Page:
Discover Europeana Collections, a Portal of 48 Million Free Artworks, Books, Videos, Artifacts & Sounds from Across Europe


“Where is the wis­dom we have lost in knowl­edge? Where is the knowl­edge we have lost in infor­ma­tion?,” asked T.S. Eliot in lines from his play “The Rock.” His pre­scient descrip­tion of the dawn­ing infor­ma­tion age has inspired data sci­en­tists and their dis­senters for decades. Thir­ty-six years after Eliot’s prophet­ic lament over “End­less inven­tion, end­less exper­i­ment,” futur­ist Alvin Tof­fler described the effects of infor­ma­tion over­load in his book Future Shock, and though many of his pre­dic­tions haven’t aged well, his “prog­no­sis,” writes Fast Com­pa­ny, “was more accu­rate than not.” Among his many “Tof­flerisms” is one I believe Eliot would appre­ci­ate: “The illit­er­ate of the future will not be the per­son who can­not read. It will be the per­son who does not know how to learn.”

Indeed, the expo­nen­tial accu­mu­la­tion of data and infor­ma­tion, and the incred­i­ble amount of ready access would make both men’s heads spin. Inter­net archives grow vaster and vaster, their con­tents an embar­rass­ing rich­ness of the world’s trea­sures, and a per­haps even greater store of its obscu­ri­ties. Each week, it seems, we bring you news of one or two more open access data­bas­es filled with images, texts, films, record­ed music. It can indeed be dizzy­ing. And of all the archives I’ve sur­veyed, used in my own research, and pre­sent­ed to Open Cul­ture read­ers, none has seemed to me vaster than Euro­peana Col­lec­tions, a por­tal of “48,796,394 art­works, arte­facts, books, videos and sounds from across Europe,” sourced from well over 100 insti­tu­tions such as The Euro­pean Library, Europho­to, the Nation­al Library of Fin­land, Uni­ver­si­ty Col­lege Dublin, Museo Galileo, and many, many more, includ­ing con­tri­bu­tions from the pub­lic at large. Where does one begin?

europeana grammophone

In such an enor­mous ware­house of cul­tur­al his­to­ry, one could begin any­where and in an instant come across some­thing of inter­est, such as the stun­ning col­lec­tion of Art Nou­veau posters like that fine exam­ple at the top, “Cer­cle Art­s­tique de Schaer­beek,” by Hen­ri Pri­vat-Live­mont (from the Plandiu­ra Col­lec­tion, cour­tesy of Museu Nacional d’Art de Catalynya, Barcelona). One might enter any one of the avail­able inter­ac­tive lessons and cours­es on the his­to­ry of World War I or vis­it some of the many exhibits on the peri­od, with let­ters, diaries, pho­tographs, films, offi­cial doc­u­ments, and war pro­pa­gan­da. One might stop by the vir­tu­al exhib­it, “Pho­tog­ra­phy on a Sil­ver Plate,” a fas­ci­nat­ing his­to­ry of the medi­um from 1839–1860, or “Record­ing and Play­ing Machines,” a his­to­ry of exact­ly what it sounds like, or a gallery of the work of Swiss painter Jean Antoine Linck. All of the arti­facts have source and licens­ing infor­ma­tion clear­ly indi­cat­ed.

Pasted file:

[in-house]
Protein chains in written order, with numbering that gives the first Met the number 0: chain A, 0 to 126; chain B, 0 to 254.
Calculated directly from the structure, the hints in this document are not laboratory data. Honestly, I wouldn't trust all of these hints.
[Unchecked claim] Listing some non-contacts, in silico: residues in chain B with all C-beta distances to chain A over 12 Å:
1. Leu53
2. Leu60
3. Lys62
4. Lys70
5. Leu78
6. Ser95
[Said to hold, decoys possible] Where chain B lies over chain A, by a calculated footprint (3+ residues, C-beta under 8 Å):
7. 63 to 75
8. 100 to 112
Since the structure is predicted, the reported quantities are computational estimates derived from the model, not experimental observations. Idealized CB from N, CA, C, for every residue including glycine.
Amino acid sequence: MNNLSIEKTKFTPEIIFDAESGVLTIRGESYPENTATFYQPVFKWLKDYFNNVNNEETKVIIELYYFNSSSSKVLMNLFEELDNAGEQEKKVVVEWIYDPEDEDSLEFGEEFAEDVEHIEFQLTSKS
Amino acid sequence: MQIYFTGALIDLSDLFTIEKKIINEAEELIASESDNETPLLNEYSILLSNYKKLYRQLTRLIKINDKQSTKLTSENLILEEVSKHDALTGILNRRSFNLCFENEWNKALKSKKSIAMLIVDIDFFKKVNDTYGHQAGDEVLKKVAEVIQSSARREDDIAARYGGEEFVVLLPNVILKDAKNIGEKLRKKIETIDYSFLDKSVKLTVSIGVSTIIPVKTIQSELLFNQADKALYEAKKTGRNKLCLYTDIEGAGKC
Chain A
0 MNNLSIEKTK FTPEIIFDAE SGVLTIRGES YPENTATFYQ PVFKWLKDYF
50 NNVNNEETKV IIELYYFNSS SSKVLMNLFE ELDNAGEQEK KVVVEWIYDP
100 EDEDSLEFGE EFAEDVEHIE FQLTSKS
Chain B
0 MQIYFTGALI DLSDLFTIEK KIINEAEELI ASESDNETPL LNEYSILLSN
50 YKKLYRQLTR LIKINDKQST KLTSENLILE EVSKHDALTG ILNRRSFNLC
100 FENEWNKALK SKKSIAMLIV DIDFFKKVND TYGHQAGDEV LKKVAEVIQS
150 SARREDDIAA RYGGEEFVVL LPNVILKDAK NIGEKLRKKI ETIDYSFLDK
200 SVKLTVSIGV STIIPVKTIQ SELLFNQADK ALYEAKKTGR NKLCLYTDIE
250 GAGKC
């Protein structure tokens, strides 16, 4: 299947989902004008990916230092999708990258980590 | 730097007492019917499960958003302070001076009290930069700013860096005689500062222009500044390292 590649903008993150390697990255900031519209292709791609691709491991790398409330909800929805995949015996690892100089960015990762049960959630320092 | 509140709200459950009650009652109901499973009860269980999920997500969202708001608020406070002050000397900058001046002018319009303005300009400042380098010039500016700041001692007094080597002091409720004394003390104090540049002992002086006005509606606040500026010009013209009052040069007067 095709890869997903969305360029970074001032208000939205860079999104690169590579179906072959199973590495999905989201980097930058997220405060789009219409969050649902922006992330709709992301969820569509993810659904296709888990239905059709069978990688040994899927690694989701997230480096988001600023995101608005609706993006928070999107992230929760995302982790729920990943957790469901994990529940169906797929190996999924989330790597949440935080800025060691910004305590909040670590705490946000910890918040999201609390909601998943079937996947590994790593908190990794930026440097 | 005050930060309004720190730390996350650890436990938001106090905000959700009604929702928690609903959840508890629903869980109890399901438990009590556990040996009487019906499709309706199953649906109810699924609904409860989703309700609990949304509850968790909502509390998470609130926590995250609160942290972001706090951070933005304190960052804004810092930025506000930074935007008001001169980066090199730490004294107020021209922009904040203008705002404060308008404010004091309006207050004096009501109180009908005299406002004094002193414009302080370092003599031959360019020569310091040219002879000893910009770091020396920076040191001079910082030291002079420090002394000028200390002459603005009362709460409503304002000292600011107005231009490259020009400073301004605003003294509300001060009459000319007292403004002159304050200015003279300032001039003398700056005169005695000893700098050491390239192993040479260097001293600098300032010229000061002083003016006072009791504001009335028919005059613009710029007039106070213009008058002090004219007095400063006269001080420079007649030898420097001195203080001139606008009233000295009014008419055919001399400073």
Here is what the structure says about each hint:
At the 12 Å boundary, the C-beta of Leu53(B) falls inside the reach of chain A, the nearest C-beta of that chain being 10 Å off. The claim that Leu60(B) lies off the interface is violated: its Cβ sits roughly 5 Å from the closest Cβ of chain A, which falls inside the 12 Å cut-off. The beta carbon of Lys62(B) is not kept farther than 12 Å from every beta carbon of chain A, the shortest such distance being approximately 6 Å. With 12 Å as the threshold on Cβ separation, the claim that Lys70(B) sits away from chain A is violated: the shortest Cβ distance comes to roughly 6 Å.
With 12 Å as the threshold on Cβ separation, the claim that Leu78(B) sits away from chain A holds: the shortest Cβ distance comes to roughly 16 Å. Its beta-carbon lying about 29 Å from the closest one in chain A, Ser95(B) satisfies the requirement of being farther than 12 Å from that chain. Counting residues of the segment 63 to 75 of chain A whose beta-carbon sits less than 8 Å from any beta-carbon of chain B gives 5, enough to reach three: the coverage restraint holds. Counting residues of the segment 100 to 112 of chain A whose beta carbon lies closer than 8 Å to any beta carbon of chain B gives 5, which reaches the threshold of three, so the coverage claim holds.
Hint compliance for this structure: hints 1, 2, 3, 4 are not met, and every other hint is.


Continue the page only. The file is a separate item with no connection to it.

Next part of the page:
Vue du Mont-Blanc, prise du Sommet du Col de Balme

The pos­si­bil­i­ties may lit­er­al­ly be end­less, as the col­lec­tion con­tin­ues to expand at a rate far beyond the abil­i­ty of any one per­son, or team of peo­ple, or entire research insti­tute of peo­ple to match. It is easy to feel adrift in such a data­base as this, which stretch­es on like a Bor­ge­sian library, offer­ing room after end­less room of visu­al splen­dor, doc­u­men­ta­tion, and inter­pre­ta­tion. It is also easy to make dis­cov­er­ies, to meet peo­ple, stum­ble upon art, hear music, see pho­tographs, learn his­to­ries you would nev­er have encoun­tered if you knew what you were look­ing for and knew exact­ly how to find it. Eliot warned us—and right­ly so—of the dan­gers of infor­ma­tion over­load. But he neglect­ed, in his puri­tan­i­cal way, to describe the plea­sures, the minor epipha­nies, the hap­py chance occur­rences afford­ed us by the ever-expand­ing sea of infor­ma­tion in which we swim. One can learn to nav­i­gate it, one can drift aim­less­ly, and one can, simul­ta­ne­ous­ly, feel immense­ly over­whelmed.

Relat­ed Con­tent:

New Archive Makes Avail­able 800,000 Pages Doc­u­ment­ing the His­to­ry of Film, Tele­vi­sion & Radio

Yale Launch­es an Archive of 170,000 Pho­tographs Doc­u­ment­ing the Great Depres­sion

The New York Pub­lic Library Lets You Down­load 180,000 Images in High Res­o­lu­tion: His­toric Pho­tographs, Maps, Let­ters & More

Josh Jones is a writer and musi­cian based in Durham, NC. Fol­low him at @jdmagness

by | Permalink | Comments (3) |

Sup­port Open Cul­ture

We’re hop­ing to rely on our loy­al read­ers rather than errat­ic ads. To sup­port Open Cul­ture’s edu­ca­tion­al mis­sion, please con­sid­er mak­ing a dona­tion. We accept Pay­Pal, Ven­mo (@openculture), Patre­on and Cryp­to! Please find all options here. We thank you!

Comments (3)
You can skip to the end and leave a response. Pinging is currently not allowed.
  • Stiofán Ó Broin says:

    Please add a share to word­press option to your web­site. As such an excel­lent resource for pub­lic domain mate­ri­als, I think it a bit of a shame that I can’t share any more than a title and a link to word­press. If you have a blog pres­ence on word­press, please let me know.

    Keep up the good work and thanks for the excel­lent con­tent.


  • MaryJane says:

    I agree that a Word­Press option your site.

    Thank you.

  • Kenneth Hoyt says:

    An amaz­ing resource and as always I’m very grate­ful to your web­site for bring­ing these to light.

    How awe­some!

Leave a Reply

Open Culture was founded by Dan Colman.